The answer is that the federal government, even in the best of times, is not particularly good at retail investment. It is not customer-oriented, and really can’t be, given that all authority flows from the top down, from the authorizing and funding legislative branch through an administrative structure that is necessarily focused on approval from Congress, itself answering to voters and campaign contributors divorced from the consuming public. A voter may also be a consumer, but they think and act quite differently in those separate roles. Public sector agencies are necessarily rule-driven and bureaucratic, the opposite of the entrepreneurial innovation needed when old means have atrophied, and new investment channels have to be built anew or drastically widened.

CDFIs, however, have distinguished themselves in their outward customer focus. They have learned to reach out in their communities, to identify needs, and devise solutions to meet those needs. Working against the headwinds of a profit-maximizing capitalist system, they have nevertheless succeeded in delivering capital to millions unable to access it through any other channel. They are ideal vehicles for pursuing public goals through investment in private individuals and businesses.

Conclusion

Popular movements are forcing Congressional Democrats to consider real community investment, after years of much lip service, but precious little action. The challenges of scaling up in this area should not be underestimated. We have seen repeatedly that, even when the federal government generates the will, the paucity of existing investment channels hampers that investment, leading to a dragged-out, inefficient process lacking in urgency and ripe for criticism.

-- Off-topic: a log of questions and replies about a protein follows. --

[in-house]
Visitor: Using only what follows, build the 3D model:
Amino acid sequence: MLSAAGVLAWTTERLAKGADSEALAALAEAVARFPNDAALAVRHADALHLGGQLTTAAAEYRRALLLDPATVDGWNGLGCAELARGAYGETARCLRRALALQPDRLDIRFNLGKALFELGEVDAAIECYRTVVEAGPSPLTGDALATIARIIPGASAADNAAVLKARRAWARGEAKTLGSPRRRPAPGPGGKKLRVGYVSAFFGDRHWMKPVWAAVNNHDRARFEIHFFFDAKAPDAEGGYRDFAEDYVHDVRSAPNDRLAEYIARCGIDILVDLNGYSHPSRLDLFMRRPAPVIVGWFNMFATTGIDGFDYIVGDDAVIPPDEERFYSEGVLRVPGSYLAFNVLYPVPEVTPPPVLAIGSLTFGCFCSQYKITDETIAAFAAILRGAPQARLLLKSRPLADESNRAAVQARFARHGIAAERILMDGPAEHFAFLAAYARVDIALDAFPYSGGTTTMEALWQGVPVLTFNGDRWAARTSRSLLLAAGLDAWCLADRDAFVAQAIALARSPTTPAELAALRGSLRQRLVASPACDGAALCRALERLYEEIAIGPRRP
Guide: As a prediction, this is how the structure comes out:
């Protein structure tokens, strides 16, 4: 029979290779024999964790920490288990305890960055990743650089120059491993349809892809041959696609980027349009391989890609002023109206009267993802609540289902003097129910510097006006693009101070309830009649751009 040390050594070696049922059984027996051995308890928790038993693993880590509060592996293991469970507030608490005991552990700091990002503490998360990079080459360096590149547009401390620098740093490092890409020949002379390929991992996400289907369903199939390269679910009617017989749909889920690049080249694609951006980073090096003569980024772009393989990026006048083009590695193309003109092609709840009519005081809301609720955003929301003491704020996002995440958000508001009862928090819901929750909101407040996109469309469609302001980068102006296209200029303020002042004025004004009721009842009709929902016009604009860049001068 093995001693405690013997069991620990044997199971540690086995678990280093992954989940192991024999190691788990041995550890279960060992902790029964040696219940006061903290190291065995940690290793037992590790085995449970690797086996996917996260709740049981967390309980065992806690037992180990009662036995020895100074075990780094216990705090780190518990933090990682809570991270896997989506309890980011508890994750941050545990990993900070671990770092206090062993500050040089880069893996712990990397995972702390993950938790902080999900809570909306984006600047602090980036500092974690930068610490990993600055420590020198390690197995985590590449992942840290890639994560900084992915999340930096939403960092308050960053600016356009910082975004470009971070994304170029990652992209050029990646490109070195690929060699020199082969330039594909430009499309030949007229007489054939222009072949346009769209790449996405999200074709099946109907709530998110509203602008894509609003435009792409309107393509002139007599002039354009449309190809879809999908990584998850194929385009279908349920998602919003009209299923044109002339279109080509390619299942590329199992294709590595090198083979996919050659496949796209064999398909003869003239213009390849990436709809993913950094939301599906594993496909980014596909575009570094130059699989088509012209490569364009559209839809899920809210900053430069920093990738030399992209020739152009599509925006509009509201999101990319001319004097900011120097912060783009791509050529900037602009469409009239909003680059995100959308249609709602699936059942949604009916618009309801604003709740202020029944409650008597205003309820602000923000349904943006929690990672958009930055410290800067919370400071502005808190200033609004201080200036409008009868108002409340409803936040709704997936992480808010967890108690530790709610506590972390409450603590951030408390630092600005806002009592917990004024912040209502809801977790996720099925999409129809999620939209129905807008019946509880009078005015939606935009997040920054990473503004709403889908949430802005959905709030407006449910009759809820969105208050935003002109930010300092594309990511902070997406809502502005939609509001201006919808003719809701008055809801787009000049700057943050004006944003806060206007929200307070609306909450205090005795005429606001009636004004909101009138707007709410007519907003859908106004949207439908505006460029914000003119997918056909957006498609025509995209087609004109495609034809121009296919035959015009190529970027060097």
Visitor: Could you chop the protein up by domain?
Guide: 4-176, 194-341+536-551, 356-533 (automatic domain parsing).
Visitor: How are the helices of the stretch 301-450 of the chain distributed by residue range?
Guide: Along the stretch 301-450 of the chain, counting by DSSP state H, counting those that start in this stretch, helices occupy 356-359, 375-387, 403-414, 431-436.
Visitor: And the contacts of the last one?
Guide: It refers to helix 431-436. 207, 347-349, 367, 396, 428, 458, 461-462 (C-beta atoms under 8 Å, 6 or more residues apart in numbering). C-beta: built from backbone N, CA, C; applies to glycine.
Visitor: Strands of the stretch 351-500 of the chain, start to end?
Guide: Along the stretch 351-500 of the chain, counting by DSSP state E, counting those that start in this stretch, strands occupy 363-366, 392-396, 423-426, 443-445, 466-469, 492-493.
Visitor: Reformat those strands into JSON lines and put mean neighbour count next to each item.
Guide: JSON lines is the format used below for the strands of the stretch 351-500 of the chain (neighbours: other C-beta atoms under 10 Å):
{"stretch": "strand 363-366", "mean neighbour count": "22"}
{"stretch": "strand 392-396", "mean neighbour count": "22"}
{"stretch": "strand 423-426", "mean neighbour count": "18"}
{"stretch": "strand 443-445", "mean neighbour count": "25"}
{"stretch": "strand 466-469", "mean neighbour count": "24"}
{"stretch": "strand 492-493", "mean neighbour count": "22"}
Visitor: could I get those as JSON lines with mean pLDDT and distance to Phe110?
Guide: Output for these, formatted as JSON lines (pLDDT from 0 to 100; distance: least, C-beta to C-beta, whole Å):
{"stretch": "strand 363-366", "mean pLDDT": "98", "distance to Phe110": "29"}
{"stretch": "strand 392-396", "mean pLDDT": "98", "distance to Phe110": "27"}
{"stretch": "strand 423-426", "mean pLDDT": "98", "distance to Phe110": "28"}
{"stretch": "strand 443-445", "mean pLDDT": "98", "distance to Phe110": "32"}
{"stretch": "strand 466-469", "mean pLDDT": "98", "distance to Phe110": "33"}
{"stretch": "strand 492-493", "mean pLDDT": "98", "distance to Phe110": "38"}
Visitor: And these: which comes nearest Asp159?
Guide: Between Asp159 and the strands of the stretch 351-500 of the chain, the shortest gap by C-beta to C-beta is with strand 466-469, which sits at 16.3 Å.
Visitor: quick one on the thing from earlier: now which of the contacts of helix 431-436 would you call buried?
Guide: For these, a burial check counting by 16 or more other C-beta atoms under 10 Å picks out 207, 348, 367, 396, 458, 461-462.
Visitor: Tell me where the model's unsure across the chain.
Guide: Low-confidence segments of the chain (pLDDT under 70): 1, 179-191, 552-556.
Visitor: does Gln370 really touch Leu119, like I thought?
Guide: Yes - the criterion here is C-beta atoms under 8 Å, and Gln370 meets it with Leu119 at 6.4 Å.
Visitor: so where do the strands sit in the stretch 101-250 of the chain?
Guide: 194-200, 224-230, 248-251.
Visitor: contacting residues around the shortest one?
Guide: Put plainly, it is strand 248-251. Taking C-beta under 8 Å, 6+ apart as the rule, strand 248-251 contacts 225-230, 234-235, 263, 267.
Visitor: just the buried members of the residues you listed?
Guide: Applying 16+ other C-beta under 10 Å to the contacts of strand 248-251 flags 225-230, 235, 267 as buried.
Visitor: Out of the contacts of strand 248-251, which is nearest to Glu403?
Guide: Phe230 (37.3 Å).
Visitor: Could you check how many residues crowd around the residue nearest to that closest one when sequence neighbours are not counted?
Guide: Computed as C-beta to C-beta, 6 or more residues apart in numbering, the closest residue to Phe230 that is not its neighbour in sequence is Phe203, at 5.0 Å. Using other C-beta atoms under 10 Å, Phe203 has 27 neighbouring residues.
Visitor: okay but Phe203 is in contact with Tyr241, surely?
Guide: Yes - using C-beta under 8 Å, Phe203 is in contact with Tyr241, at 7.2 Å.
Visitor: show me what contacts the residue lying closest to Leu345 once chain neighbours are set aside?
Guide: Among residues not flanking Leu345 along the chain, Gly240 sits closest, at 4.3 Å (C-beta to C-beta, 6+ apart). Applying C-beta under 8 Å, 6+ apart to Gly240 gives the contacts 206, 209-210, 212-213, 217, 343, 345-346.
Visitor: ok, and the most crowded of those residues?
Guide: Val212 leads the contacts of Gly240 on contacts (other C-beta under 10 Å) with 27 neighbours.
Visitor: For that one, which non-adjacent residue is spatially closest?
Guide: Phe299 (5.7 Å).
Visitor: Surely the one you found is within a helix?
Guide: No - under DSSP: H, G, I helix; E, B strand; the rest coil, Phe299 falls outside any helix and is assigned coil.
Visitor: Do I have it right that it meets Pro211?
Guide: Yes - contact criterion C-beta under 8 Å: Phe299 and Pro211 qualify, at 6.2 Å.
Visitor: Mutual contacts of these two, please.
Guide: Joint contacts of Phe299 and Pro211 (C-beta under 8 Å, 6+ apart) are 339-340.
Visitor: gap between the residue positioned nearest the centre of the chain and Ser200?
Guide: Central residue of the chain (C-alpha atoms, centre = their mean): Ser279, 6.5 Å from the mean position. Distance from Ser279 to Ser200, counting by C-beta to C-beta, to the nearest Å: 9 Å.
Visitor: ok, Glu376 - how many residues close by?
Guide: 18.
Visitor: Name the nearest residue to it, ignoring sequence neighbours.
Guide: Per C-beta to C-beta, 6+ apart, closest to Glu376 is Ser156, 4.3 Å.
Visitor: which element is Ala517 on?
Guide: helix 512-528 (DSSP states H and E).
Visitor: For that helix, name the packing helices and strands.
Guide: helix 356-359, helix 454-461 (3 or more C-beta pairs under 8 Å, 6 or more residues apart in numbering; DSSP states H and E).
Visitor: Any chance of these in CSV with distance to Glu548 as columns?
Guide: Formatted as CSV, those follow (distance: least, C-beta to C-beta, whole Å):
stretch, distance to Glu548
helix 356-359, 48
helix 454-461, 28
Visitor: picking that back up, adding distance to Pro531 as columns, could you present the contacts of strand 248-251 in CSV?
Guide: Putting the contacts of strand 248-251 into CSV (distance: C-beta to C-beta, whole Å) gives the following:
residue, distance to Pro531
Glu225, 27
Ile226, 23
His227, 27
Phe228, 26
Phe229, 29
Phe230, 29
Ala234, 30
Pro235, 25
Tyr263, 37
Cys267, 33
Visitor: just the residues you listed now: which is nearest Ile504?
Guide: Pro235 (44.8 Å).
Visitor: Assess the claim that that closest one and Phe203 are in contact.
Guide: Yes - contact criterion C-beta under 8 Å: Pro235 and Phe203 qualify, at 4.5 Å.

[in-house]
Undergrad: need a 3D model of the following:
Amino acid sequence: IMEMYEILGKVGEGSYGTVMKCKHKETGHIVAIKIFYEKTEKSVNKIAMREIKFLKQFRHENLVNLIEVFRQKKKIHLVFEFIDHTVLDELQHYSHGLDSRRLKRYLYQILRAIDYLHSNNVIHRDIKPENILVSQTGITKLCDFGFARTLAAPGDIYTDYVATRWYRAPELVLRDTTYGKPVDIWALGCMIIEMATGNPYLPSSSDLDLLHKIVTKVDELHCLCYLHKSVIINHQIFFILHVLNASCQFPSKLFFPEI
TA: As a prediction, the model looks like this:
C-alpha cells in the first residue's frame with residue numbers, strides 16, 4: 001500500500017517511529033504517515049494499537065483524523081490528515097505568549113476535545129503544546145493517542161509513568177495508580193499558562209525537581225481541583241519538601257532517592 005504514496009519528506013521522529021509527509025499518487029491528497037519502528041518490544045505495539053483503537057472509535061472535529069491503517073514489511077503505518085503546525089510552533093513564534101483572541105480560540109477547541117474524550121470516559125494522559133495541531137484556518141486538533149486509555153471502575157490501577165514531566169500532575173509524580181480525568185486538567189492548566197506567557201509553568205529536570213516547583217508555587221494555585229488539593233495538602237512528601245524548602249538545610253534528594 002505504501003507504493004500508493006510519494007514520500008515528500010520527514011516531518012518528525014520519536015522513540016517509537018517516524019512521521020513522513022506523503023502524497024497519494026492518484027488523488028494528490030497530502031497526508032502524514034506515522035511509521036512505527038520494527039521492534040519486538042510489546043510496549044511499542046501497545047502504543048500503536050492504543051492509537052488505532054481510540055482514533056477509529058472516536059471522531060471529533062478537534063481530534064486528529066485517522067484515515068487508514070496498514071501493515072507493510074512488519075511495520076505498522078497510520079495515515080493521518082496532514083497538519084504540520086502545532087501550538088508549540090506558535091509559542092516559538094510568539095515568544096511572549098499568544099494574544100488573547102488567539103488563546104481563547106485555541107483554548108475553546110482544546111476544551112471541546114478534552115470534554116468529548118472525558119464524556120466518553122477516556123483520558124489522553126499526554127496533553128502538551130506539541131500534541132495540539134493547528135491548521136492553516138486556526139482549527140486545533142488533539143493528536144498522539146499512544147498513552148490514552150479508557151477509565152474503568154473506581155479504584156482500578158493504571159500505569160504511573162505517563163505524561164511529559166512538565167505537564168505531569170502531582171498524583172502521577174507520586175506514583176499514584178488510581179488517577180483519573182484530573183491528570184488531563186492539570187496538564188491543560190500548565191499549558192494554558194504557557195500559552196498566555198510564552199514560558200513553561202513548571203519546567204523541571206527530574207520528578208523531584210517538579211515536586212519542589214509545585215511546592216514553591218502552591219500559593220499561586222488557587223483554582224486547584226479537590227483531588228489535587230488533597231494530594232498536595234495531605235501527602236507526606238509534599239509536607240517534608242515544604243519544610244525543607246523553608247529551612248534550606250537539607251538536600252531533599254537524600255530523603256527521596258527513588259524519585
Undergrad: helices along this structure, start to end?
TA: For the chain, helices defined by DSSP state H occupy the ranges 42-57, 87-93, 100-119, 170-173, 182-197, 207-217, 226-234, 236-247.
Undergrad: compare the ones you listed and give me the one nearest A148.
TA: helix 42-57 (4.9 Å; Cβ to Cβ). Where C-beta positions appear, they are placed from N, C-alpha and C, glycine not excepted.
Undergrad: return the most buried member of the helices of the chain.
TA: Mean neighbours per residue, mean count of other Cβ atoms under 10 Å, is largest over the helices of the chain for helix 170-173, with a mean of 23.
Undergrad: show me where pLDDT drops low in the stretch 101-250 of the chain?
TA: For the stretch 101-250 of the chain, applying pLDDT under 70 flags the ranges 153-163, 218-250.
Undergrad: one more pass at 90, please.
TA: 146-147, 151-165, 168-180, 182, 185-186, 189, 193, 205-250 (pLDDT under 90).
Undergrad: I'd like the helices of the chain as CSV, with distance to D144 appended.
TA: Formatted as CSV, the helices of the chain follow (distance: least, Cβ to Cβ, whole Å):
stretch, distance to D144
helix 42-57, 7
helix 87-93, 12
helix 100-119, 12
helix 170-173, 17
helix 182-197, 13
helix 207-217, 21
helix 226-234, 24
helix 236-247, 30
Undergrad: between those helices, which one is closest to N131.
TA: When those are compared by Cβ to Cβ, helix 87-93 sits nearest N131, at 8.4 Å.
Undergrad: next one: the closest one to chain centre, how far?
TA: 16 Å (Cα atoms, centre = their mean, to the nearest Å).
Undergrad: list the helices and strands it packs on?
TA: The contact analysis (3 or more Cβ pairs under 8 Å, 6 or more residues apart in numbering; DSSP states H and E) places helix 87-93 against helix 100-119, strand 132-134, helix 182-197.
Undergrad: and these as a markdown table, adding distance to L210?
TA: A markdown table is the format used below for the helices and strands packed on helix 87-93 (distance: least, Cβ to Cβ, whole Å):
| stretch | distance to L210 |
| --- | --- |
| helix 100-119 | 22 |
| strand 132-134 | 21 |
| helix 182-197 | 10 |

Fortunately, we have a class of NGOs already active in this space that are prepared to grow into a larger role in directing capital toward human needs at the community level. CDFIs have been doing this work at a small scale for decades, establishing community roots, and innovating new approaches geared toward today’s society and economy. Their dual character as private entrepreneurial innovators with a public mission makes them ideal targets to channel a renewal of public investment in our communities.

Matt Perrenod is a consultant to nonprofit community development and finance organizations working throughout the United States.

Categories
Democracy: Rule of Law & Elections Economic Justice Global Peace & Collaboration Social Justice

Is the U.S. Now in the Weimar Era?

| Dennis Torigoe |

Walden Bello and I go way back as grad students at Princeton’s sociology department and activists on campus and in the years since. In his recent interview after the events of January 6th, Walden, a famed activist, author and public intellectual from the Philippines, asserted that the United States “has entered the Weimar Era.” In Germany after the First World War, a section of the German capitalist class and its politicians backed right wing mobs to take to the streets in violent demonstrations. Since the Right could not take power through elections, they worked to delegitimize the democratic process and the government. This, Bello contends, paved the way for fascism to replace the representative government ending up with Hitler as Chancellor of the Reich.